5. Being trusted

Pioneers, though growing in number, are still the odd-ones-out at the party. They are sometimes the ‘other’, different, a bit weird, sympathetically misunderstood. With misunderstanding can come distrust. Pioneers can be seen as mavericks, rebels, dissidents. Particularly in reference to the institution, pioneers are sometimes regarded with suspicion, or with anxiety – ‘are they really committed to the structures?’ Yet for most pioneers, standing on the edge of the structures looking outward whilst hanging on by our fingernails to the traditional church, commitment to the structures comes at considerable cost. A great deal has been invested in staying in the institution. If pioneers wanted to leave, they would have done so long ago. So pioneers need to be trusted – and with trust comes patience. Pioneer ministry takes time, it involves risk and therefore failure as well as success. The fruit of pioneer ministry will sometimes struggle to be recognised by the institution, at least on first appearances, but with support and trust these new expressions of ecclesial life will find their place, and we will all be richer for it.

11 thoughts on “5 Issues Facing Pioneers Today”

  1. 1. If you’re lay lay you’re not even a “Pioneer”. And if you’re pioneering something that is not like anything else, even pioneers don’t understand you!

    2. Agreed.

    3. Some types of pioneering are incomprehensible to other types of pioneers. Some people are pioneer activists within a previously-pioneered, recognisable framework. Others are seeking to pioneer new frameworks altogether. Pioneering new kinds of pioneering. These pioneers are likely to be the least understood, affirmed and supported, because it takes a special kind of mentor to “get” this kind of pioneering, and there is no system in place to connect such mentors with such lay lay oddities.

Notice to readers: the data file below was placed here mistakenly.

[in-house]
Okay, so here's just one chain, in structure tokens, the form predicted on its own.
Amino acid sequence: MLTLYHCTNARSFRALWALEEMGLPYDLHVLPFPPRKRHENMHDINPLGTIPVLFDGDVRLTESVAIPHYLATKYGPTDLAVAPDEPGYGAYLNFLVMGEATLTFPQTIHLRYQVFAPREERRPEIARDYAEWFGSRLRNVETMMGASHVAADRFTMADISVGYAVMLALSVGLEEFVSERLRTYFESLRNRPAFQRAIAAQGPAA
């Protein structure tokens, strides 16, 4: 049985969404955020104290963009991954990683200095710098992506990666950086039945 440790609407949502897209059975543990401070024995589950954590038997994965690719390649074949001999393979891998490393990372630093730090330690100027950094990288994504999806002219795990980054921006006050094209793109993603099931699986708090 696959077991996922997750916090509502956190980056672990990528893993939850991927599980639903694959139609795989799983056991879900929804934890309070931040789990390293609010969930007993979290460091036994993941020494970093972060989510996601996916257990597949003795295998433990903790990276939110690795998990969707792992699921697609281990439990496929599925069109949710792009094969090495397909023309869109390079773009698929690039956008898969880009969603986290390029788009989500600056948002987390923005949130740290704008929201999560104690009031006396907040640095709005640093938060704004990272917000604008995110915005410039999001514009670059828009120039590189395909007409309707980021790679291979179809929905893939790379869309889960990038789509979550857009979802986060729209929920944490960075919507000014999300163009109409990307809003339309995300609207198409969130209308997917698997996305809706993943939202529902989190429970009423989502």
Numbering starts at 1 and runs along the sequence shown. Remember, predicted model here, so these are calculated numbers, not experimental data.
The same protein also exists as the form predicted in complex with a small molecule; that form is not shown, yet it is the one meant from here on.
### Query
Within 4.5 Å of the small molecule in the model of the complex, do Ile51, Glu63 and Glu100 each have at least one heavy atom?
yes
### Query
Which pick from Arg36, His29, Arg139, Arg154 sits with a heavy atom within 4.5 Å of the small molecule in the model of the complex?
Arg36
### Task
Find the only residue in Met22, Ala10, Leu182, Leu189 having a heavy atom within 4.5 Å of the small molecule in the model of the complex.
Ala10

4. My particular attempt at a new framework and methodology, for church in a different dimension, doesn’t need any funding in itself, but I wouldn’t have minded having some support towards my self-funded training at some point, or to alleviate the fact that i’ve given up paid work so as to focus on the church of Jesus out there.

    5. Think you’ve probably hit the nail on the head there. I’ve all but given up trying to be trusted by Christians, let alone the institution! Ironically, what really matters for the institution, is that new initiatives of church may be trusted by those *outside it*, and luckily, what with needing no funding or recognition, that’s my focus now.

    • Thanks for your comments. Particularly struck by your last comment. How many more people are in this position, having tried to relate to the institution but given up?

      • This was a term coined by the Church Army Research Centre in their report ‘From Anecdote to Evidence’ – it refers to lay leaders of Fresh Expressions who have no official license from the church, and have had no training, they are just getting on with it!

  2. IHi Paul, hope this isn’t too much of an essay, but here are my thoughts on your post.

    Being Understood. I think definitions can certainly help. I’m ‘pioneering a church plant’ and part of the early stages of this ministry is working out what this means and helping to manage the expectations of those who are supporting it. I do find in the churches who are supporting this new project that there is little real understand of what pioneering means. That includes lay and ordained people. While I can describe a process for pioneering at this stage I can’t and won’t be definitive about what it will look like because the new Christ centred community has yet to emerge.
    This lack of being understood can lead to a sense of isolation among pioneers, particularly those who are lay. An ordained pioneer has access to the various clergy networks depending on the denomination(s) they are working in.
    Defining the goal of a mission activity might also help . For many the longer term goal is to bring people to church while pioneering is about enabling church to emerging among people.

    Affirmation. May be even more of an issue for lay pioneers, but even so as an ordained person with 10 years experience in parish ministry, I have found people assuming I’m a curate or doing something different before going on to the real grown up work of running a parish. Perhaps it might be described as ‘sowing one’s ministerial wild oats before settling down to the real thing. Pioneering can be perceived as a ‘junior role’ when the reality is that is not less but different. Ironic in that there are many mature individuals involved in pioneering. I think this is linked to being understood. If what we do is not understood, it is difficult for non pioneers to affirm it. And because our contexts are so different we may not all understand one another. A case perhaps for us to ensure we affirm one another.